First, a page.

RIchard Sen presents - This Ain’t Chicago: The Underground Sound of UK House & Acid 1987-1991
Wed 17th Oct, 2012 Music Reviewsin
Let’s go back…back to a time when these sounds were fresh, new, exciting, edgy, and where they shaped a scene which at that point, no one knew would get so big. And thanks to producer, Richard Sen of Padded Cell and Bronx Dog, we can do just that with This Ain’t Chicago: The Underground Sound of UK House & Acid 1987-1991.
Much could be said about this period in dance music history. And although I joined the dance music scene ten years on, I’ve read enough and heard enough about it to know that during the mid-80s, Chicago house was initially met with hesitance in the UK. It remained underground until house and acid caught on, to make a substantial impact. Those pushing and producing the sound proved instrumental in the way UK dance music unfolded in the years that followed. This two-disc set of UK house and acid music attempts to capture what happened during this innovative time.
It encompasses precisely what the title suggests: inspired by the Chicago tracks that taste-making DJs were already bringing to the dancefloor, it’s a collection of early house and acid out of the UK, documenting the moment when producers there began making original tunes. Tunes that even today are still very memorable for those who embraced this scene during this time, and I’m sure that they are going to revel in the opportunity to hear these tracks yet again. The compilation attempts to give you a fairly broad sampling of the house sounds that were making inroads in various clubs throughout the UK between 1987 and 1991, however be warned, there are no references to “jack your body” or “get up” here. This is purely dance music focused, with party music a distant second.
As Sen as our time travelling tour guide, we are transported back to this exciting time in dance music – via a selection of a wide range of sounds and samples, and not necessarily the biggest tracks of the time, but tracks that sit comfortably next to each other as you listen to each CD. Thankfully Sen has largely chosen to ignore some of the more familiar UK house records of this period – Voodoo Ray, Hustle (To The Music) and the like are all avoided in favour for more underground cuts. What a wise decision on his behalf; the 23 tracks here have arguably stood the test of time and also make for a far more interesting compilation for the listener.
CD 1 sets the stage kicking off with Bang The Party’s Bang Bang You’re Mine, which distinctively lets you know that you’re in the 90s, and Man With No Name’s From Within the Mind of My 909, a moody slow burn with its squelching acid synths and work on the keys. One that I immediately recognised was the Latino percussive Rio Rhythm Band’s Cuba Jakkin’ , a track that I’ve heard at some of the daytime parties last summer, one that makes you want to dance! Sticking with the 90s yet again, is with Playtime Toons’ Shaker Song, a robotic, Kraftwerk-inspired chill that is consistent (or monotonous, depending which way you look at it). Sen tastefully chose to include Jail Break’s delicious deep house track Mentality (I once read described as “an E-muncher’s touchy-feely take on New Order’s The Beach !), as well as Baby Ford’s Crashing and Julian Johan’s brilliant Jealousy & Lies, all maintaining that Chicago deepness.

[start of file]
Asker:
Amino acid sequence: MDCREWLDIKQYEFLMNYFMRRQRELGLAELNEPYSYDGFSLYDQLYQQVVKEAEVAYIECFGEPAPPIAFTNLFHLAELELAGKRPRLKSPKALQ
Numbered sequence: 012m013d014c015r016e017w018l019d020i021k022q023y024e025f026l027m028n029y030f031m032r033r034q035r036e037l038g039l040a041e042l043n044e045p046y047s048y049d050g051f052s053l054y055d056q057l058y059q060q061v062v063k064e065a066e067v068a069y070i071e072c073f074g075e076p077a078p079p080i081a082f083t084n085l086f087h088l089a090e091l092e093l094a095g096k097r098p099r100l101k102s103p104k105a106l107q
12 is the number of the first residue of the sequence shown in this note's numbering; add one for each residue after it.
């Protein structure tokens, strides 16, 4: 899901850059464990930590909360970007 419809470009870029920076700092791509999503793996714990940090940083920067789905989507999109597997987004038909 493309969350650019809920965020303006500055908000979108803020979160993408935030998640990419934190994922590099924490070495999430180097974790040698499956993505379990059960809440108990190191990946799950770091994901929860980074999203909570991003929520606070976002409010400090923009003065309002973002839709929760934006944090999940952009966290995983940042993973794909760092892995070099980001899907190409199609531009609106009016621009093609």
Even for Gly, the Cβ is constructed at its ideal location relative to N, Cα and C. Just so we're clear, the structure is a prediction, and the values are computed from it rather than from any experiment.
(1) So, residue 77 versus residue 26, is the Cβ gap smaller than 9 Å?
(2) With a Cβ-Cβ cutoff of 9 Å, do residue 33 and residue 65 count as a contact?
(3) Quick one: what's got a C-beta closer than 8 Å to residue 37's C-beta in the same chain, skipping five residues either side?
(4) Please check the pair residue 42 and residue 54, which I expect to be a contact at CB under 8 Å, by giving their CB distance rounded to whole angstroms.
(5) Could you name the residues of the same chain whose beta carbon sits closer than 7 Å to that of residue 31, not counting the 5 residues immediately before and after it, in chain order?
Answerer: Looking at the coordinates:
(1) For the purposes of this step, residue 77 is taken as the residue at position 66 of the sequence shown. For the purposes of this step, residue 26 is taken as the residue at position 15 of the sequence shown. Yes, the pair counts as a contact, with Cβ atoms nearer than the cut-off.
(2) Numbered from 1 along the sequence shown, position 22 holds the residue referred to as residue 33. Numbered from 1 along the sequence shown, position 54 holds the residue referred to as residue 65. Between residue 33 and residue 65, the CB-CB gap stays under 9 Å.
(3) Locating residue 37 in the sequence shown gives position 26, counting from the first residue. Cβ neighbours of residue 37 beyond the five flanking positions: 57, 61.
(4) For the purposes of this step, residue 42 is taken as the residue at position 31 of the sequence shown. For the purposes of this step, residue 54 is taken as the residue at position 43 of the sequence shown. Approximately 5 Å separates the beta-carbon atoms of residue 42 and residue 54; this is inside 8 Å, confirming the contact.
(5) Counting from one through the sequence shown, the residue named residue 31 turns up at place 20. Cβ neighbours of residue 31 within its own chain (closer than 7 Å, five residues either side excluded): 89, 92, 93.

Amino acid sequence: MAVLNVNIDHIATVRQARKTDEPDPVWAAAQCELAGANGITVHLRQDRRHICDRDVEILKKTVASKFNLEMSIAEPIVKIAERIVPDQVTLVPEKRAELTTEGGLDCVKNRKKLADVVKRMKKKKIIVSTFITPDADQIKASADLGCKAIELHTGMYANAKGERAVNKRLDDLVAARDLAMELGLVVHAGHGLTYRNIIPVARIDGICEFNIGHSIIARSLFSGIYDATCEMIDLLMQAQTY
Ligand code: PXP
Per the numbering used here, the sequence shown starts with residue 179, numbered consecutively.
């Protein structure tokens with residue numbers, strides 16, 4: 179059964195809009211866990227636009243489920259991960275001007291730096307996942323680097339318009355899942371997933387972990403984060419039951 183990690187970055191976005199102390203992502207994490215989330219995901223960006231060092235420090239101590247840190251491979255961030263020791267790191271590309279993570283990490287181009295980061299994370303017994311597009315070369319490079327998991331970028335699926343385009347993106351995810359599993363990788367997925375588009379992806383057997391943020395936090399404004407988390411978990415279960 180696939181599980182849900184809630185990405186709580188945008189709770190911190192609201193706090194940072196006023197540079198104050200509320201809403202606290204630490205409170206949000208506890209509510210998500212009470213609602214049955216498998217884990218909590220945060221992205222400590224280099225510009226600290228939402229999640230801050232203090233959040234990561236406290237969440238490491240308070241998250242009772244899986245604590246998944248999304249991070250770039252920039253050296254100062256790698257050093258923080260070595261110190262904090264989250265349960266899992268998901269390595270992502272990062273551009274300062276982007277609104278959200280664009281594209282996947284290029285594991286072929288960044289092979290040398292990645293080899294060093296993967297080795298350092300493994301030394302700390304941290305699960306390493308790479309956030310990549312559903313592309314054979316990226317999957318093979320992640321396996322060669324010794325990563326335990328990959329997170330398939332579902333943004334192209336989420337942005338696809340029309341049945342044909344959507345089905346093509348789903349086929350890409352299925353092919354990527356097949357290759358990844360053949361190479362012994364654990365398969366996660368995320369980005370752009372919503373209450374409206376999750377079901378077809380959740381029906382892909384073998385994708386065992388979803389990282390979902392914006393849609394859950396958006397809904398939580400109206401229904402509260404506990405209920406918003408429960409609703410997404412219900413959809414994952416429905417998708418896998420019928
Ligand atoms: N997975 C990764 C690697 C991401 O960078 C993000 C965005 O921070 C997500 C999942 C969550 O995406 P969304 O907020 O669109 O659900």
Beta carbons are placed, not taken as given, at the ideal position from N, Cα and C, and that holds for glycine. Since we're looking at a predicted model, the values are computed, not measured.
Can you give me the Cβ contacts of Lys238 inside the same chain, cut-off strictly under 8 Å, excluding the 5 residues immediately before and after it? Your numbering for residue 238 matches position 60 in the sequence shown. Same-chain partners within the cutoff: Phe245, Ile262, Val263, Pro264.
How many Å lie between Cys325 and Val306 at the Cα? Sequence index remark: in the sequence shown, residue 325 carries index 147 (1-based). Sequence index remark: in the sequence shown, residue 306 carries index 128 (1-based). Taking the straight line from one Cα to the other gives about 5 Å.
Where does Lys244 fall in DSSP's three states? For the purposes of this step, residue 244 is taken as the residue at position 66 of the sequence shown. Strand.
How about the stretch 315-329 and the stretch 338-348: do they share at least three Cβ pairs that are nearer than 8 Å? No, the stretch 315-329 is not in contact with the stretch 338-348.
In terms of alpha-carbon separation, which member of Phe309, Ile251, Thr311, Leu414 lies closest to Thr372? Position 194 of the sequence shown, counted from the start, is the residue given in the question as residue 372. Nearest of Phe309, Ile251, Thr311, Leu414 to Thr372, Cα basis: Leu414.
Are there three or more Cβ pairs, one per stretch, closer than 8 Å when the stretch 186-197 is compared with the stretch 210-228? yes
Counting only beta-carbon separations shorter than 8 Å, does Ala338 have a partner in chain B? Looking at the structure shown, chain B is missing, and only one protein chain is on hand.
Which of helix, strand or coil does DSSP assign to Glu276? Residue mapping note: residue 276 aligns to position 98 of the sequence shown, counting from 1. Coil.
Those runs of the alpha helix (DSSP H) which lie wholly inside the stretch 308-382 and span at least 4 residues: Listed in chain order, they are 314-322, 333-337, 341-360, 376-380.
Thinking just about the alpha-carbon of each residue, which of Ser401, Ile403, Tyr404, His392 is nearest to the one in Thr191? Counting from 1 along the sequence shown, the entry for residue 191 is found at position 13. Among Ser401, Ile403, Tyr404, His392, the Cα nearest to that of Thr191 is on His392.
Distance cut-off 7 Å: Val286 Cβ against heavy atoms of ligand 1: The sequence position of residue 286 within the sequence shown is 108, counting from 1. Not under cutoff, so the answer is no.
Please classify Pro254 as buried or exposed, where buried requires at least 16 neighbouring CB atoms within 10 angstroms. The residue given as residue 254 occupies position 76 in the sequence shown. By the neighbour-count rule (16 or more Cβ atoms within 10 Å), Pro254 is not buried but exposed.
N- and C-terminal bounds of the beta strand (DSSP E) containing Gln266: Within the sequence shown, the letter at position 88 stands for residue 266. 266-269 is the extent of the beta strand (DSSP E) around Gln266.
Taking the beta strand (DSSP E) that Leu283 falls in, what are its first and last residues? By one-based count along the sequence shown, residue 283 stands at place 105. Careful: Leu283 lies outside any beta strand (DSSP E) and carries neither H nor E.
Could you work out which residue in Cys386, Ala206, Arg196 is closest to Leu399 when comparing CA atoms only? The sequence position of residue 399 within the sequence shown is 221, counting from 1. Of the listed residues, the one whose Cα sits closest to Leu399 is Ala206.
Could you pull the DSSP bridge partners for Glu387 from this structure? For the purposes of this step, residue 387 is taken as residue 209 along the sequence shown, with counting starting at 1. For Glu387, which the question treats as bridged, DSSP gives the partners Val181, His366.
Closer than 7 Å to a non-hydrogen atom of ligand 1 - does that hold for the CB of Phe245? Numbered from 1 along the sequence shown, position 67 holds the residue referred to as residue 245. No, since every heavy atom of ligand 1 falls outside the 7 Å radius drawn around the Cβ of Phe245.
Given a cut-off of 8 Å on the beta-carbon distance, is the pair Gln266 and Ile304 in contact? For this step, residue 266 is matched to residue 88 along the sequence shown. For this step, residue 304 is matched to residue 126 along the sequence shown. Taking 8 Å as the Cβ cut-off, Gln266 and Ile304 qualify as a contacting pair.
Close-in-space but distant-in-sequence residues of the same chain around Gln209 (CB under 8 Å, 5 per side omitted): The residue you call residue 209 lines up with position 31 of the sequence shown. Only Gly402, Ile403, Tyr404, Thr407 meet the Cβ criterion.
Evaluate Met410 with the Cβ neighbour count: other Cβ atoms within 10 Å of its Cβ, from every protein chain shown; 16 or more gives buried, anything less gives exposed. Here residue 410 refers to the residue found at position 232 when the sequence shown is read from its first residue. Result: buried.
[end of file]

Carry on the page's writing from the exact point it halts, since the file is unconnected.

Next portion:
CD 2 serves up a more acid direction, with the wonked-out heavy house excursion of Ability II’s Pressure Dub, J. Soul Kane mix of Static’s Iron Orbit, the underrated early track by Bizarre Inc, 1989’s Technological. Highlights of this compilation will depend on who’s listening, but for me it was the inclusion of CXX’s The Comfort of Strangers (Mix by Rhythm Doctor – Richard Sen remix), Andrew Weatherall’s Balearic ideal seen through his remix of Sly & Lovechild’s The World According to Sly & Lovechild (Andrew Weatherall Soup of Europe Mix), and Paul Rutherford’s Get Real (Happy House mix). The acid mix of S.L.F.‘s Show Me What You Got does provide a highlight, working in a bit of piano house for good measure.
From a purely historic point of view, it’s a fascinating collection. It also is incredibly interesting to see just how much this period was one of great experimentation, as British house producers pushed to find new places to take the sound and stamp their mark on the genre. If you were there or not, you can’t help but be intrigued by this collection and the mixture of influences that have gone on to impact much of the dance music we know today. This Ain’t Chicago does exactly what it’s supposed to do: make you wish you were there – and I sure know that after listening to this, I couldn’t help mutter that today’s scene, well “it ain’t want it used to be”.